Here’s a quick anatomy lesson…
The quadriceps are the main muscles that support the knees. Weak quads can lead to knee instability, which increases wear and tear. So, strong quads play an important role in knee function and pain rehabilitation.
Hamstrings are another important muscle group supporting the knee. Each person’s pain level, fitness level, and underlying medical condition are different, so there is no one-size-fits-all list of best exercises for knee pain.
But the main take-away is that exercise of any kind can help increase strength and decrease weight thus relieving pressure and pain in the knee joint.
If you have followed along in other articles you will know that I am a big advocate of meeting yourself at your own starting line. It is important to understand that everyone has to start somewhere which might mean starting with low impact exercises to get in a routine.
Low-impact exercises that help stretch and strengthen the knee and supporting muscles (especially quadriceps) are generally best for people with knee pain. Low impact exercises to consider include:
- Walking: This lubricates the joints, burns calories, and aids in weight loss. Walking also increases blood flow to tight muscles and helps strengthen the muscles surrounding your knee. Longer, slower walks are more knee-pain friendly.
- Cycling: Biking is a safe workout for people with knee pain. Cycling provides aerobic as well as strengthening benefits. It promotes range of motion and targets the quadricep muscles. Peddling also strengthens the hamstrings and glutes.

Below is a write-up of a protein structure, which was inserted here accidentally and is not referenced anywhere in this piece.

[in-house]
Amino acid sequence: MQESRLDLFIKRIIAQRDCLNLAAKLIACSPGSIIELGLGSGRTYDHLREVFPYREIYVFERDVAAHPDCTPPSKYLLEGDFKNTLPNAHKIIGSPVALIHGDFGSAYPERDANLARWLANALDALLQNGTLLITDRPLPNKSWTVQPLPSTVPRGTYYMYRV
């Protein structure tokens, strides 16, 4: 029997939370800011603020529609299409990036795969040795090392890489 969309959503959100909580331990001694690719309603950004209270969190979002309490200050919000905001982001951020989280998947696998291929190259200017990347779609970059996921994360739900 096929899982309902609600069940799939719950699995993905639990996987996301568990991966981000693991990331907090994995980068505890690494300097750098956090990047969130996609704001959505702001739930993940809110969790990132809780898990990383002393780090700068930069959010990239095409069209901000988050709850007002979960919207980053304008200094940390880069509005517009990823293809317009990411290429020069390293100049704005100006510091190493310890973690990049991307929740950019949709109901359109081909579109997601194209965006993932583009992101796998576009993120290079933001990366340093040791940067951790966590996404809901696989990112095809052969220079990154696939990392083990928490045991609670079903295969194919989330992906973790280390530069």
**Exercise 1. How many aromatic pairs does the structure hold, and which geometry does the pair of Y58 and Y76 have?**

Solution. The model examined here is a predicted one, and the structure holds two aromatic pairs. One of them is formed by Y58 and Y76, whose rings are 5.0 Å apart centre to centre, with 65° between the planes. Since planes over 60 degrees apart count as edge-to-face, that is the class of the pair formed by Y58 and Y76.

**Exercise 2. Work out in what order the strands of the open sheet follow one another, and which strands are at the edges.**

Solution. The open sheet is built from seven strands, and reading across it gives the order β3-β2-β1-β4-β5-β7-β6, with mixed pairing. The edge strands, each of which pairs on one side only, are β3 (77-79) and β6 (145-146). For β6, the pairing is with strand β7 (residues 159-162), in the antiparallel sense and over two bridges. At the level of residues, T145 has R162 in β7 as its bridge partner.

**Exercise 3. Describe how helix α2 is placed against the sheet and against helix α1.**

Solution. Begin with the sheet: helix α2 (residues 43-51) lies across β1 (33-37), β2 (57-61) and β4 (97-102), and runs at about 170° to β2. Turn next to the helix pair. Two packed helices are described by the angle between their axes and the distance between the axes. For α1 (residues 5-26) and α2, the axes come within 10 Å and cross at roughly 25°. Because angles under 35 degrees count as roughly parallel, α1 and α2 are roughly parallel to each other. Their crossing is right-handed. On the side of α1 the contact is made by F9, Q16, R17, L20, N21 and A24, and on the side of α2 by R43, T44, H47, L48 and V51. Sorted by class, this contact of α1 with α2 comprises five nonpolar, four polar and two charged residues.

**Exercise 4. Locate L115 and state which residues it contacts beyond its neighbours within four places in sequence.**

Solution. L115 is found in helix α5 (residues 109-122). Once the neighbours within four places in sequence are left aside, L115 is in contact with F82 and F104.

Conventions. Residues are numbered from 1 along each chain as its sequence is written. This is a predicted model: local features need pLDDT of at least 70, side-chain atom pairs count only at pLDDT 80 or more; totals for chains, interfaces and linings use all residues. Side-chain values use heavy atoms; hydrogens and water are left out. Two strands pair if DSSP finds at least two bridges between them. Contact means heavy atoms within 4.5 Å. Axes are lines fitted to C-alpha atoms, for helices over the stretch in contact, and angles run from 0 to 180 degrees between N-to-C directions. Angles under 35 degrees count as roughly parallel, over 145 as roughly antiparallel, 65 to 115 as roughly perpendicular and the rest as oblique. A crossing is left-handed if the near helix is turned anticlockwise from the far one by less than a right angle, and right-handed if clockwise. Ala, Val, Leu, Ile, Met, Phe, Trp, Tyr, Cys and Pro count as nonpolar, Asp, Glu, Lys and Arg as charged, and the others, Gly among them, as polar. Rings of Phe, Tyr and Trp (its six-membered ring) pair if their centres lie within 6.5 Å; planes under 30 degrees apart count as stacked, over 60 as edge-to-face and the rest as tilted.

- Water exercises: Swimming and water aerobics are go-to exercises that can help strengthen knee muscles. The buoyancy of the water allows you to exercise without putting pressure on your joints.
- Strength training: This is critical to improving your knee function. Weight machines—such as the seated knee extension—help strengthen the muscles. You can also use bodyweight exercises in place of weight machines. Straight leg raises and squats – even modified squats – are some good exercises for knees.
- Stretching: Tight knee and leg muscles add to pain, so it’s critical not to skip stretching after exercising. Stretches that help the knee and surrounding muscles include knee quadriceps stretch and standing hamstring stretch.
- Yoga and Pilates have been shown to be beneficial in increasing overall knee strength without overextending the joints.
Whatever modality you choose, just know that every step you take is a step that gets you closer to your goal of losing weight to reduce knee pain. If you don’t know where to start, no problem. Start by giving me a call or sending me an email. I can help structure your exercise program around your current knee pain so you can lose weight, get stronger and feel better!
If you are curious about knee pain in general, I have a ton of resources for you to check out.
Click here to download my Knee Pain Guide